A Baylor University institute has issued a letter of support on behalf of University of Texas faculty member Mark Regnerus’ disreputable study about children of gay parents
In response to growing criticism of Mark Regnerus so-called study about children of gay parents, a letter was released on June 20th through the Baylor Institute for the Studies of Religion, signed by 18 people, including Baylor ISR Director Byron Johnson.
Baylor University is located in Waco, Texas and is a private Baptist university that is also a nationally ranked and accredited liberal arts institution.
As previously reported on this site, an anti-gay study with funding arranged through the National Organization of Marriage’s Robert George appears to be political propaganda, rather than social science.
The Witherspoon Institute, located in Princeton, N.J. and unaffiliated with Princeton University, where Robert George is a Senior Fellow, gave Regnerus a $35,000 “planning grant” for the study, prior to giving him a grant for a study.
Regnerus has admitted that if he had opted for funding from the National Institutes of Health instead of from Witherspoon it would have served the long-term best interests of science.
Baylor ISR Director Byron Johnson, who issued and signed the Baylor letter, is also a Senior Fellow of the Witherspoon Institute, which first arranged the “planning grant” for Regnerus and then later arranged Regnerus’s study funding. The letter does not disclose that Regnerus himself is affiliated with the Baylor Institute, as a Non-Resident Scholar for Family and Religion. One might have thought that persons hoping to support Regnerus at this time would not create any further appearance that he could be in political cahoots with the study’s funders.
Although the 18 signers rely on their academic credentials to attempt to give authority to their letter, they do not actually address any of the substantive criticisms made of Regnerus’s study. They instead appear to seek further to deceive the public, by repeating points that have already been thoroughly discredited and debunked. Of particular concern is that the signers trumpeted Regnerus’s sampling method as the best available, when in fact, address based sampling would have been superior, though more costly and time consuming. Another concern is that whereas the signers cite Paul Amato’s commentary on the Regnerus study as evidence of the study’s alleged integrity, they do so without disclosing that Amato was a paid adviser for the study. Loren Marks also signed the Baylor letter. His twinned study was published simultaneously with Regnerus’s in Social Science Research, and used prior to publication by Paul Clement in a DOMA-related case in California.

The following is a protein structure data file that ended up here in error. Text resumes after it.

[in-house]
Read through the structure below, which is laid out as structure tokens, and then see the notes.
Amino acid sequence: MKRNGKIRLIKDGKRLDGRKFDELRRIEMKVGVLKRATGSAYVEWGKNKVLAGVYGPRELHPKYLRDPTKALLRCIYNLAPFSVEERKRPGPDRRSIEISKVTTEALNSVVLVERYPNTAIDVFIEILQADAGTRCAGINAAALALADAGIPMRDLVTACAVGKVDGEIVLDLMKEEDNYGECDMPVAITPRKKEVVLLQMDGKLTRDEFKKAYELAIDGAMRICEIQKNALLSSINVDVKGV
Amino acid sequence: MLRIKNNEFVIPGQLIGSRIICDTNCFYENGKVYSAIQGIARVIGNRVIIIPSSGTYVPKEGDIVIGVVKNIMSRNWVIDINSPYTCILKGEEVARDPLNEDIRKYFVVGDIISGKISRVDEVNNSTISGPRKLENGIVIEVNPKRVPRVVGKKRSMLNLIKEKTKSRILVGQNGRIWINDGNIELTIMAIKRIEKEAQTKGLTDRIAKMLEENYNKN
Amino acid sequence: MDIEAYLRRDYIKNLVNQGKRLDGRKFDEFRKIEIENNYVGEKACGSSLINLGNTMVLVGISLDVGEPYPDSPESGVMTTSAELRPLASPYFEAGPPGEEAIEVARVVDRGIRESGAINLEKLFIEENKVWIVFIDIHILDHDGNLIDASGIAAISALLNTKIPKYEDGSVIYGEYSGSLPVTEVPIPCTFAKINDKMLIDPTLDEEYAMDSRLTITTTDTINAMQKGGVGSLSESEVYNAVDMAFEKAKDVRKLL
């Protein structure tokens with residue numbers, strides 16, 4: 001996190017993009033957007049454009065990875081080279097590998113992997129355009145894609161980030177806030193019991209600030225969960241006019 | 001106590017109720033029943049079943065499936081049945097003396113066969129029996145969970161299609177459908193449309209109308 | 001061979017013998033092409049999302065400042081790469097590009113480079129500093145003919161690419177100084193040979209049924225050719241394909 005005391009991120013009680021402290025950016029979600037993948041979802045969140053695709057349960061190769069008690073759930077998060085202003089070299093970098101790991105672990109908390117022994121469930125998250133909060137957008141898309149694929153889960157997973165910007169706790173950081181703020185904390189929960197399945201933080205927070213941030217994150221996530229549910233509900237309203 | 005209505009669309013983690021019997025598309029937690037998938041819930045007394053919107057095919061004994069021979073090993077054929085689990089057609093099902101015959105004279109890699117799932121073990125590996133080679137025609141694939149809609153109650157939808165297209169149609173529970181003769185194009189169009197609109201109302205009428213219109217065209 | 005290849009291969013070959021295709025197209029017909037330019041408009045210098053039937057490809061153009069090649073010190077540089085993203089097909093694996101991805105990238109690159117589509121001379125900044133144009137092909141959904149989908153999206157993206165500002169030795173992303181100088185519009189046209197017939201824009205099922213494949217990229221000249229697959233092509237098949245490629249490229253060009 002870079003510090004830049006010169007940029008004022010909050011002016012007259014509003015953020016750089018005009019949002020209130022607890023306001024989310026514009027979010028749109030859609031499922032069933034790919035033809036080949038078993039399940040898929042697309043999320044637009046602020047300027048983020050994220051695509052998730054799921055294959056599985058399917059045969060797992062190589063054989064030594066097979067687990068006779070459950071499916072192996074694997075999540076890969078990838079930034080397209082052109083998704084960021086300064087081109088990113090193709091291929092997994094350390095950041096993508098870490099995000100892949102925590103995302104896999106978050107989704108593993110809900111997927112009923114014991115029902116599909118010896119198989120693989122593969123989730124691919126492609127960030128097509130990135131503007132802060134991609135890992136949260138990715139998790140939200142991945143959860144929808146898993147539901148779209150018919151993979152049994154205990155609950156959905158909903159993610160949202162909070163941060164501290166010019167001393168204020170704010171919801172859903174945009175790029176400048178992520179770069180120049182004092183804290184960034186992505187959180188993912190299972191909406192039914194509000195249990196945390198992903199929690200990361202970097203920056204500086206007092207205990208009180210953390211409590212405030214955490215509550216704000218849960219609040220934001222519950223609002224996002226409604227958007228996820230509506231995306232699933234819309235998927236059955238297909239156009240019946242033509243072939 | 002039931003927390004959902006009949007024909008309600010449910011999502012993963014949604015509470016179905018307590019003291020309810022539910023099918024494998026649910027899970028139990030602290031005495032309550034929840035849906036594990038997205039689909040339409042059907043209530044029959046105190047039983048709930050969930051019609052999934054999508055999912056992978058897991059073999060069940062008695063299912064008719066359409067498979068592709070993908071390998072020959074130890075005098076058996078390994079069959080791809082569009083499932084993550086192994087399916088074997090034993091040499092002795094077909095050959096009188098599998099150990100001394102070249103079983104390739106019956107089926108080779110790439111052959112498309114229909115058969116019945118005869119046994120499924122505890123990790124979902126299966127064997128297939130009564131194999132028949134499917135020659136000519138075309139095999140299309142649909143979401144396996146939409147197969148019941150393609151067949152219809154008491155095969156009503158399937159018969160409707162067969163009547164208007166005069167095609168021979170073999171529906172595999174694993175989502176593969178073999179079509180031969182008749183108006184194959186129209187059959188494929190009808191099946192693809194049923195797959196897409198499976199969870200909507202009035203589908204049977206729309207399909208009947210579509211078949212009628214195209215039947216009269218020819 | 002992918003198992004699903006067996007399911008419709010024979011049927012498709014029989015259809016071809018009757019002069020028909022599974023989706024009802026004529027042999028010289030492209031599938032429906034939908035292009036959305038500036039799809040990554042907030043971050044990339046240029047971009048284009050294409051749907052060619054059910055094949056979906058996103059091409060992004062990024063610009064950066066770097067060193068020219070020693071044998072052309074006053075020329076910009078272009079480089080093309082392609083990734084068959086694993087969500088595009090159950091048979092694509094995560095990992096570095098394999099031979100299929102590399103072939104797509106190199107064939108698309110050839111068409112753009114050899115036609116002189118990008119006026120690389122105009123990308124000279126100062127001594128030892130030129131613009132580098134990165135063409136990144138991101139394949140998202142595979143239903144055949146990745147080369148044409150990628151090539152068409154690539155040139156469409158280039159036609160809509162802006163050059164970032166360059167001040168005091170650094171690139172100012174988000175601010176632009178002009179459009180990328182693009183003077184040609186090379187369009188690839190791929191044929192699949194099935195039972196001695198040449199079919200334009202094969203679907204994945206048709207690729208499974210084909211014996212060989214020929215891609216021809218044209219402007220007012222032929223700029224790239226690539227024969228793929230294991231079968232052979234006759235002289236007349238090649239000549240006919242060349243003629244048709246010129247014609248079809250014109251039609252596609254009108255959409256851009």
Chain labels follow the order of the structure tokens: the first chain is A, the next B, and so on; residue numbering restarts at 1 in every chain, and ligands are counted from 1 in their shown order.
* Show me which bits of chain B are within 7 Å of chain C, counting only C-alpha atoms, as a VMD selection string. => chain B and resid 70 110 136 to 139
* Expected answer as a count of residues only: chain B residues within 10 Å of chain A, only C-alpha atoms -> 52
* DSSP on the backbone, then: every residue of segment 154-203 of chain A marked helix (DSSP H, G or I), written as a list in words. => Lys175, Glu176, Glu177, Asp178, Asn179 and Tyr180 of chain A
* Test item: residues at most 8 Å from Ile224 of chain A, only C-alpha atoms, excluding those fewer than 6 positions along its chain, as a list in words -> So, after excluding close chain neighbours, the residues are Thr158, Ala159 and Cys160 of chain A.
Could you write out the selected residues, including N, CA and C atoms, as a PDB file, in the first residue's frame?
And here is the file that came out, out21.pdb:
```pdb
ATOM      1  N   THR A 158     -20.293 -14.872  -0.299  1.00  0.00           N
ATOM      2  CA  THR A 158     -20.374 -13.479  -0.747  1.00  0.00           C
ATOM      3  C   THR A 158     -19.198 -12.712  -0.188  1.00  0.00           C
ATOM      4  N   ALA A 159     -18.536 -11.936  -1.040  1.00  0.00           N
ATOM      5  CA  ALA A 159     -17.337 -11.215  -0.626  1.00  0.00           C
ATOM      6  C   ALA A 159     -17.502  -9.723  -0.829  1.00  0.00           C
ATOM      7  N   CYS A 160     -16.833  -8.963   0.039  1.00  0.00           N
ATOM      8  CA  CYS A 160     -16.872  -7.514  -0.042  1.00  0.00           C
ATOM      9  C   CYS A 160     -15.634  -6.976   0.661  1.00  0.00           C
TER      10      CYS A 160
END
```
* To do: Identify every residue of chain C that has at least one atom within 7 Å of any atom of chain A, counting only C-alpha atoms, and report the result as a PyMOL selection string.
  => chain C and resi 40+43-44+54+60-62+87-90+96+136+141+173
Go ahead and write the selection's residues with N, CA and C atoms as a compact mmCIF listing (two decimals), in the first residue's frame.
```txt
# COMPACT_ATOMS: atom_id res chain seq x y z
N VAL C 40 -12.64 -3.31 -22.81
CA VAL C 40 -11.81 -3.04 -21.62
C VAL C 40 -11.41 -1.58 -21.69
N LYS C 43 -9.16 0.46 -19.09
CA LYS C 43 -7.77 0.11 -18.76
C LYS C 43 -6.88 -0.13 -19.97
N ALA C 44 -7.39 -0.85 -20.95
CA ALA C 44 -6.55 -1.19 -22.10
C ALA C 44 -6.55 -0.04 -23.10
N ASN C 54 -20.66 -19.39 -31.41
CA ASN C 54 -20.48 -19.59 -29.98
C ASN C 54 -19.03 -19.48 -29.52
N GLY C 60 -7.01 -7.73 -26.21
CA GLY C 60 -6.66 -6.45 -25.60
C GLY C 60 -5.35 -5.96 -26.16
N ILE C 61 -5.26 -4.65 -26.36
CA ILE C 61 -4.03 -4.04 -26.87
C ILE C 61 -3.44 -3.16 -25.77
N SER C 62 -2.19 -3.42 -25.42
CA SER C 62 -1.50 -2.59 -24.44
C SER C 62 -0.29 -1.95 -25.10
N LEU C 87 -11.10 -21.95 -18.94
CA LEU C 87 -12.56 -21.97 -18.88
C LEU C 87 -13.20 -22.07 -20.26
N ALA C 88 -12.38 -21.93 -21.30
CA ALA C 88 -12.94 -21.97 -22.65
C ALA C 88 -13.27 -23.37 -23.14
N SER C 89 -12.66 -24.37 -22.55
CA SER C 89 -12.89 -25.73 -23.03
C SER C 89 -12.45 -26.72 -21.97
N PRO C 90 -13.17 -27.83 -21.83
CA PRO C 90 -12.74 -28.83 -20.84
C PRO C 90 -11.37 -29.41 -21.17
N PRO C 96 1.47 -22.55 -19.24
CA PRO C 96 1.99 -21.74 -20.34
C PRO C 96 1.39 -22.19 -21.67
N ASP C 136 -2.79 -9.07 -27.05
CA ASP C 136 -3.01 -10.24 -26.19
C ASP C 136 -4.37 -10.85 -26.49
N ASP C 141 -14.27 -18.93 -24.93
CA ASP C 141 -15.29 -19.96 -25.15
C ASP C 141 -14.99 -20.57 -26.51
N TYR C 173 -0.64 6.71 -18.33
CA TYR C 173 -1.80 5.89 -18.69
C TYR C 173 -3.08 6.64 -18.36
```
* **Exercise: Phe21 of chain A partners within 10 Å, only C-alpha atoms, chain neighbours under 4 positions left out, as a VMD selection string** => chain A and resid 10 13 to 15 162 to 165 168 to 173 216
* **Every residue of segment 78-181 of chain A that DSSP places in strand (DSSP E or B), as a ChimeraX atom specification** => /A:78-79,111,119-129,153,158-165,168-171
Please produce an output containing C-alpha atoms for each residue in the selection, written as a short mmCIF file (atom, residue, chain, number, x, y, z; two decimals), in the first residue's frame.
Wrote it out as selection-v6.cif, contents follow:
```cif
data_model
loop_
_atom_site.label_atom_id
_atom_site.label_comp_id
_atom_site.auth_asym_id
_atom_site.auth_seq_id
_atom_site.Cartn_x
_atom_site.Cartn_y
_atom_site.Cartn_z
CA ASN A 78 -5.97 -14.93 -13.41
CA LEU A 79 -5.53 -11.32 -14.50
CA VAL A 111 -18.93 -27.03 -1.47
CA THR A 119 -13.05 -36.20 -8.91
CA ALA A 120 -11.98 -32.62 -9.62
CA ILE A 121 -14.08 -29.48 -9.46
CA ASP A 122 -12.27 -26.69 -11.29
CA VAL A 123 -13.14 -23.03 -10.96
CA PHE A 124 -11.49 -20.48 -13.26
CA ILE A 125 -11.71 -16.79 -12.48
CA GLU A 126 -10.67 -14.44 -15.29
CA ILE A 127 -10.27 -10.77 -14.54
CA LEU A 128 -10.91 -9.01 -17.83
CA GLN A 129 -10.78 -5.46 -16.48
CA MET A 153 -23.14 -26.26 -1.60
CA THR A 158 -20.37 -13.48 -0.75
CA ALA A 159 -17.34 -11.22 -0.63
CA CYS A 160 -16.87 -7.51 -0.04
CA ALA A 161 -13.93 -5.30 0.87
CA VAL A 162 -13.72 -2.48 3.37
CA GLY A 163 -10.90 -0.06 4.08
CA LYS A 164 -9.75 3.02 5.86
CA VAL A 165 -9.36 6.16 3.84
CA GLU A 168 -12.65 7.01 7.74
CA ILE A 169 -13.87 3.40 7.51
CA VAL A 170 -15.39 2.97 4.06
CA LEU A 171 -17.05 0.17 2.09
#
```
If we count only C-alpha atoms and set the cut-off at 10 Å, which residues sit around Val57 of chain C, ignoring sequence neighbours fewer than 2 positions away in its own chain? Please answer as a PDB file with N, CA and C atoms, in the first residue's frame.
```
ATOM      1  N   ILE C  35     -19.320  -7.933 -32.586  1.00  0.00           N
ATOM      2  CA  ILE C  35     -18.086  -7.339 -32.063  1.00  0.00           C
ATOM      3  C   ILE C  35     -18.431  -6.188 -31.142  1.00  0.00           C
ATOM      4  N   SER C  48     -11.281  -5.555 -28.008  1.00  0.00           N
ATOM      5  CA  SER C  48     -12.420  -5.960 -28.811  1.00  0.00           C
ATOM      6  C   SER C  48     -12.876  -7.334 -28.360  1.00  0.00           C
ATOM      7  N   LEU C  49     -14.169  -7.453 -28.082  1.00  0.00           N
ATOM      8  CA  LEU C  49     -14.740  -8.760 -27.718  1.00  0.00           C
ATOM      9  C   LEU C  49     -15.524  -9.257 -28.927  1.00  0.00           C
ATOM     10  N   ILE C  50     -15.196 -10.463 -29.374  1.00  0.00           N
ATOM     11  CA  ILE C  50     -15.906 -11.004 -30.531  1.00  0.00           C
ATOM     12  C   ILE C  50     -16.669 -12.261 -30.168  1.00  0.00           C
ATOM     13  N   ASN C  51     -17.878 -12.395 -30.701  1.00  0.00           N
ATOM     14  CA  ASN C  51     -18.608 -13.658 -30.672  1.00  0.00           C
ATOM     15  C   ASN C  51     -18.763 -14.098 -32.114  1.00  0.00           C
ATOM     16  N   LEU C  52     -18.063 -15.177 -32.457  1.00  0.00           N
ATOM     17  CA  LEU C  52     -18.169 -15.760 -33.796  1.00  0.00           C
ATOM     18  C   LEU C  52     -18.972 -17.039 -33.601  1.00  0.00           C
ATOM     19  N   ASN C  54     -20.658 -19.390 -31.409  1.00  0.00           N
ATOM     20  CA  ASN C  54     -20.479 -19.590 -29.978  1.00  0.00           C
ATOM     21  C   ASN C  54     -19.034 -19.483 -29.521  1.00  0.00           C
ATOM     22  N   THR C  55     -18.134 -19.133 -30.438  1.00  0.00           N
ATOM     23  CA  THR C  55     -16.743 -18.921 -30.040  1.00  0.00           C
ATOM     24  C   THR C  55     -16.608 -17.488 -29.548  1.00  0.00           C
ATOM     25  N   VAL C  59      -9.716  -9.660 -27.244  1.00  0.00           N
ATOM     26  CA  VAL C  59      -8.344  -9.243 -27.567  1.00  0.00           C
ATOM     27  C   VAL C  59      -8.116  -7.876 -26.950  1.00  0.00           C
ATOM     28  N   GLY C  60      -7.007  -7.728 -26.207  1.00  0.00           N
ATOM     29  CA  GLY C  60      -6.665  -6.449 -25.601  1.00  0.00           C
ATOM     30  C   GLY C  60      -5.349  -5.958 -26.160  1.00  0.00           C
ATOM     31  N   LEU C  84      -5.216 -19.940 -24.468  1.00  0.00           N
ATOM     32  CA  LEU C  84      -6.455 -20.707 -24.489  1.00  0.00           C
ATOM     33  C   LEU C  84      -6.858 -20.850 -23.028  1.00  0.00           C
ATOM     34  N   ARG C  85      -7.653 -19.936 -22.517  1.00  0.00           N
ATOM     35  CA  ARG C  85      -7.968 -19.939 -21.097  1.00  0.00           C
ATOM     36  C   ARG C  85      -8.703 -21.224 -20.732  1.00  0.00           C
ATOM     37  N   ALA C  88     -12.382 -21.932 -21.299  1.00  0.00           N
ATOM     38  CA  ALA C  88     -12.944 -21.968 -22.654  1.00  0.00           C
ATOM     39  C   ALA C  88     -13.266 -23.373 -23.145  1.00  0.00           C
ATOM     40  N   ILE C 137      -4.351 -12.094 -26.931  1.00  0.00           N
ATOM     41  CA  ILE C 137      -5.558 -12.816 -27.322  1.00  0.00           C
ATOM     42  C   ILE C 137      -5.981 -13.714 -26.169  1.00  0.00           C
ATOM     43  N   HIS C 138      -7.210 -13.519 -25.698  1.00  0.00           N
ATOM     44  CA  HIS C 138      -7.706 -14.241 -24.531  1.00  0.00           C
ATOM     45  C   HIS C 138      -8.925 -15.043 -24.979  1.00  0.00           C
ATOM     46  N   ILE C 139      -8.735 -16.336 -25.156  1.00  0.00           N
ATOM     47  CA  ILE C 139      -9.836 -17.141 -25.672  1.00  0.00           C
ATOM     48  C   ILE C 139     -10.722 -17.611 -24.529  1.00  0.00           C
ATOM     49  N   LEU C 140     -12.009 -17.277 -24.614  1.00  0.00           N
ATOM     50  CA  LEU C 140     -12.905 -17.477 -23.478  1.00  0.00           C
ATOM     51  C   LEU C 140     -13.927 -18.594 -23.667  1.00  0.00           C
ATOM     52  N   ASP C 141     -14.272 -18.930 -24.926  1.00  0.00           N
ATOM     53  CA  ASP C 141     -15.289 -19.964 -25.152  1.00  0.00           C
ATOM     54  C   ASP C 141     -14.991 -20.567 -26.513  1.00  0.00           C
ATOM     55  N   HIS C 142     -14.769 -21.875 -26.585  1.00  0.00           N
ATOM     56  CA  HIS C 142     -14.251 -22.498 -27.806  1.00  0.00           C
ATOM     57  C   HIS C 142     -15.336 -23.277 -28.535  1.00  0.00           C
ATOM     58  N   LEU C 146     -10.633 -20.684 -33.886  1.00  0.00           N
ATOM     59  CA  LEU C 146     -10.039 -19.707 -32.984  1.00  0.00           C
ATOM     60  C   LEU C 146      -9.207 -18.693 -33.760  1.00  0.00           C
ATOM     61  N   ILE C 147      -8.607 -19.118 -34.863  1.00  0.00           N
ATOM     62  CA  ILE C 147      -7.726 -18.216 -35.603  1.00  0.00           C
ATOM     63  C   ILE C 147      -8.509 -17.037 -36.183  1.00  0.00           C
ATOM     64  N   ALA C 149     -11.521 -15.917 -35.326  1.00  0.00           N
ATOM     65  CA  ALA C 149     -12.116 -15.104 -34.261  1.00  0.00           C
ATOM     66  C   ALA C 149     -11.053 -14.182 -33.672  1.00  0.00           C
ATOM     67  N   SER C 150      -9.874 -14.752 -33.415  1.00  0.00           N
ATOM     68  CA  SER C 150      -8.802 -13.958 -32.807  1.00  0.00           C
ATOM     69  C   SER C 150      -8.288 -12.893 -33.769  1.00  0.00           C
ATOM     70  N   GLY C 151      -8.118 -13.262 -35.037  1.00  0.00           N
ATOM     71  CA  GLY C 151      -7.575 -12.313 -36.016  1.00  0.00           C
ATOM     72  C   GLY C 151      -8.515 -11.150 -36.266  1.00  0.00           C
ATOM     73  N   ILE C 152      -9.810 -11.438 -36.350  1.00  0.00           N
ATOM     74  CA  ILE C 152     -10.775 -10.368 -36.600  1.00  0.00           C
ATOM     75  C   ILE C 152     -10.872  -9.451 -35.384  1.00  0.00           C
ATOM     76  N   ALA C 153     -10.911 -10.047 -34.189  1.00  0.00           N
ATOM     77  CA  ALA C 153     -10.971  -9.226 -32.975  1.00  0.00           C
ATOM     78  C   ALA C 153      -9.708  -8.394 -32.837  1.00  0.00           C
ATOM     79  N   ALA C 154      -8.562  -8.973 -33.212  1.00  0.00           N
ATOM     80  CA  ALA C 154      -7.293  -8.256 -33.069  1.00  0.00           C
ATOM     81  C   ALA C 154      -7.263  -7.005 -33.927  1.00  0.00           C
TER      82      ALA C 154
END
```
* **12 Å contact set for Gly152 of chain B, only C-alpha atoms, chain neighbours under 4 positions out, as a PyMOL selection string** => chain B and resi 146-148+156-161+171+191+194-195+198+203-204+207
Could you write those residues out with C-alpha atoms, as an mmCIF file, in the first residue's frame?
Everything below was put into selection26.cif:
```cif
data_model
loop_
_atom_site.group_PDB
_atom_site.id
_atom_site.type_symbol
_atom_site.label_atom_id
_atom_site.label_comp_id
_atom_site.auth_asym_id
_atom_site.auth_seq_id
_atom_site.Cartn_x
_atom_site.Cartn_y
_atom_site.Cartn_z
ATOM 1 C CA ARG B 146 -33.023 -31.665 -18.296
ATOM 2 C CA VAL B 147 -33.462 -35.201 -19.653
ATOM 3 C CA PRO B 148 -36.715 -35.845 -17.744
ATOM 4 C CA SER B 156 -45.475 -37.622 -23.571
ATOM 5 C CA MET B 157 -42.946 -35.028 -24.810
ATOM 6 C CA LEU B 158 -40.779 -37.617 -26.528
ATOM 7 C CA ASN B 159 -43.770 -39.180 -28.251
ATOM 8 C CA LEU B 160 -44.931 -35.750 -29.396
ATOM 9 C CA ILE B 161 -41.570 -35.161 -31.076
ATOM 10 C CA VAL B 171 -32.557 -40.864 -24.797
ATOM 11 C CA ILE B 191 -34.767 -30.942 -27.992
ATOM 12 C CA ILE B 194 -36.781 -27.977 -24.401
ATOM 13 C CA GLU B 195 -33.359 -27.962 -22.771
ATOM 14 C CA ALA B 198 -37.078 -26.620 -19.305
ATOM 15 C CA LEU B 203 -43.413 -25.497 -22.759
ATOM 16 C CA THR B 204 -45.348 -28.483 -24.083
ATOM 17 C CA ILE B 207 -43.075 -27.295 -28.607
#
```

The correct thing for Byron Johnson to do now, is to update the Baylor letter with notes that 1) he, Johnson is a Senior Fellow of the Witherspoon Institute, which first gave Regnerus a $35,000 “planning grant” before giving him monies for the actual study; 2) Regnerus has an affiliation with Baylor; and 3) Paul Amato was a paid adviser on the Regnerus study.
The image of the Baylor University logo and seal is courtesy of Wikipedia.
New York City-based novelist and freelance writer Scott Rose’s LGBT-interest by-line has appeared on Advocate.com, PoliticusUSA.com, The New York Blade, Queerty.com, Girlfriends and in numerous additional venues. Among his other interests are the arts, boating and yachting, wine and food, travel, poker and dogs. His “Mr. David Cooper’s Happy Suicide” is about a New York City advertising executive assigned to a condom account.
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